She worked four nights a week, five hours a shift, earning barely enough to get by. She'd sold her Honda for an old but reliable Datsun two years ago, pocketing the difference. That money, along with everything else from her mother, had long since been spent. She'd become a master of budgeting, a master of cutting corners. She hadn't bought new clothes for herself since the Christmas before last; though her furniture was decent, they were remnants from another life. She didn't subscribe to magazines, she didn't have cable television, her stereo was an old boom box from college. The last movie she'd seen on the silver screen was Schindler's List. She seldom made long-distance phone calls to her friends. She had $238 in the bank. Her car was nineteen years old, with enough miles on the engine to have circled the world five times.

None of those things mattered, though. Only Kyle was important.

But never once had he told her that he loved her.

On those evenings she didn't work at the diner, Denise usually sat in the rocking chair on the porch out back, a book across her lap. She enjoyed reading outside, where the rise and fall of chirping crickets was somehow soothing in its monotony. Her home was surrounded by oak and cypress and mockernut hickory trees, all draped heavily in Spanish moss. Sometimes, when the moonlight slanted through them just right, shadows that looked like exotic animals splashed across the gravel walkway.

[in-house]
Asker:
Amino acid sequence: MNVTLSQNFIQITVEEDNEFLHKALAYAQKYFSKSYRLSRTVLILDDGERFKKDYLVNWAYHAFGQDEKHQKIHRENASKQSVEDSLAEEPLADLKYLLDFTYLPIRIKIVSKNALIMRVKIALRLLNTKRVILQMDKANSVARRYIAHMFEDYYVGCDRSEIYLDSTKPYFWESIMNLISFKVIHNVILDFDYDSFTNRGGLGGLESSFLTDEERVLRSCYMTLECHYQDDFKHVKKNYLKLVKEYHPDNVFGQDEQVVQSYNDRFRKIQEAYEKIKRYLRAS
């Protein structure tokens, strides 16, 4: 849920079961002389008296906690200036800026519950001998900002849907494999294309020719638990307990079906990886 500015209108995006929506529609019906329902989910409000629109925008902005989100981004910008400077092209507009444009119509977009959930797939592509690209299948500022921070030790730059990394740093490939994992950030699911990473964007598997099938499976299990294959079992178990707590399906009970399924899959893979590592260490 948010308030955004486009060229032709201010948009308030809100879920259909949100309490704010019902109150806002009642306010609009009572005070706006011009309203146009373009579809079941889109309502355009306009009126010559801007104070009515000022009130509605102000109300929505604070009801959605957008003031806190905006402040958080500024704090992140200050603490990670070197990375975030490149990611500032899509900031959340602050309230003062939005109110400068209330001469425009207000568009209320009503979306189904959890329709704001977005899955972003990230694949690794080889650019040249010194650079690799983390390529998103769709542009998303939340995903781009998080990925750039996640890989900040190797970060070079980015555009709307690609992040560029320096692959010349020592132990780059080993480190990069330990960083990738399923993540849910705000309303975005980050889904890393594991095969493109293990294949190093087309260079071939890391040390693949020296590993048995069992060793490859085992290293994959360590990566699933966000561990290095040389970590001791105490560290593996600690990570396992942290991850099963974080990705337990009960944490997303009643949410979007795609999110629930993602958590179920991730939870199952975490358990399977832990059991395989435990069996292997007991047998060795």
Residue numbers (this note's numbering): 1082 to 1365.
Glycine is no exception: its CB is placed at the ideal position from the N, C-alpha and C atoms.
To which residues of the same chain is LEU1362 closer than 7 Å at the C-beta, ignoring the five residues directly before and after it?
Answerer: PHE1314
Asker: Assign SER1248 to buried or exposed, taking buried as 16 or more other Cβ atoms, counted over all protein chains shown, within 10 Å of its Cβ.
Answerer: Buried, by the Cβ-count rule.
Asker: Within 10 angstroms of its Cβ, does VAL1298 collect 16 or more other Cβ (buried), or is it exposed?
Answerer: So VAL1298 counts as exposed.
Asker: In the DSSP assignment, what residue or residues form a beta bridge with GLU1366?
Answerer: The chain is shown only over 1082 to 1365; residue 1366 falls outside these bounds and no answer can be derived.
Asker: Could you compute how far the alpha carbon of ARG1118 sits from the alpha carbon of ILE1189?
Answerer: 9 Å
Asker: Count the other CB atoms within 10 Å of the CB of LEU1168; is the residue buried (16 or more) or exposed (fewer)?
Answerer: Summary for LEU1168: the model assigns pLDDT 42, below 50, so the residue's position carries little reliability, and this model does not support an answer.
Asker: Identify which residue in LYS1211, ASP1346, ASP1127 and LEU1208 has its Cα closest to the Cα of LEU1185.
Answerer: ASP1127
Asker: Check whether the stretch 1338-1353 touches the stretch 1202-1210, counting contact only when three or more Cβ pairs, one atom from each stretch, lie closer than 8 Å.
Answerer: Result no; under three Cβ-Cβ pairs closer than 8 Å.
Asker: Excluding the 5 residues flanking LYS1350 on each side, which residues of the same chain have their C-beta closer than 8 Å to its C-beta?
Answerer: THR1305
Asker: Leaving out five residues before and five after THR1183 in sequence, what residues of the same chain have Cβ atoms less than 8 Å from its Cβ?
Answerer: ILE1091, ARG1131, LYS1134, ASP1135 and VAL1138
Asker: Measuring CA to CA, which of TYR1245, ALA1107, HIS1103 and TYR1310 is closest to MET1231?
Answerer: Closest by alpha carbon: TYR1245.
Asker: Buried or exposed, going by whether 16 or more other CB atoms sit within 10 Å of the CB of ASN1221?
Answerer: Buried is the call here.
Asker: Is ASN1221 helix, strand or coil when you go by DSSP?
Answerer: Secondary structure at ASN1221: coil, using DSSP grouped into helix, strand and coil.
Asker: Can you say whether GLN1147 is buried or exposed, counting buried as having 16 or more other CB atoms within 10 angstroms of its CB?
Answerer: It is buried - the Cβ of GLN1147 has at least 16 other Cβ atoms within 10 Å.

In Atlanta she used to read for pleasure. Her tastes ran the gamut from Steinbeck and Hemingway to Grisham and King. Though those types of books were available at the local library, she never checked them out anymore. Instead she used the computers near the reading room, which had free access to the Internet. She searched through clinical studies sponsored by major universities, printing the documents whenever she found something relevant. The files she kept had grown to nearly three inches wide.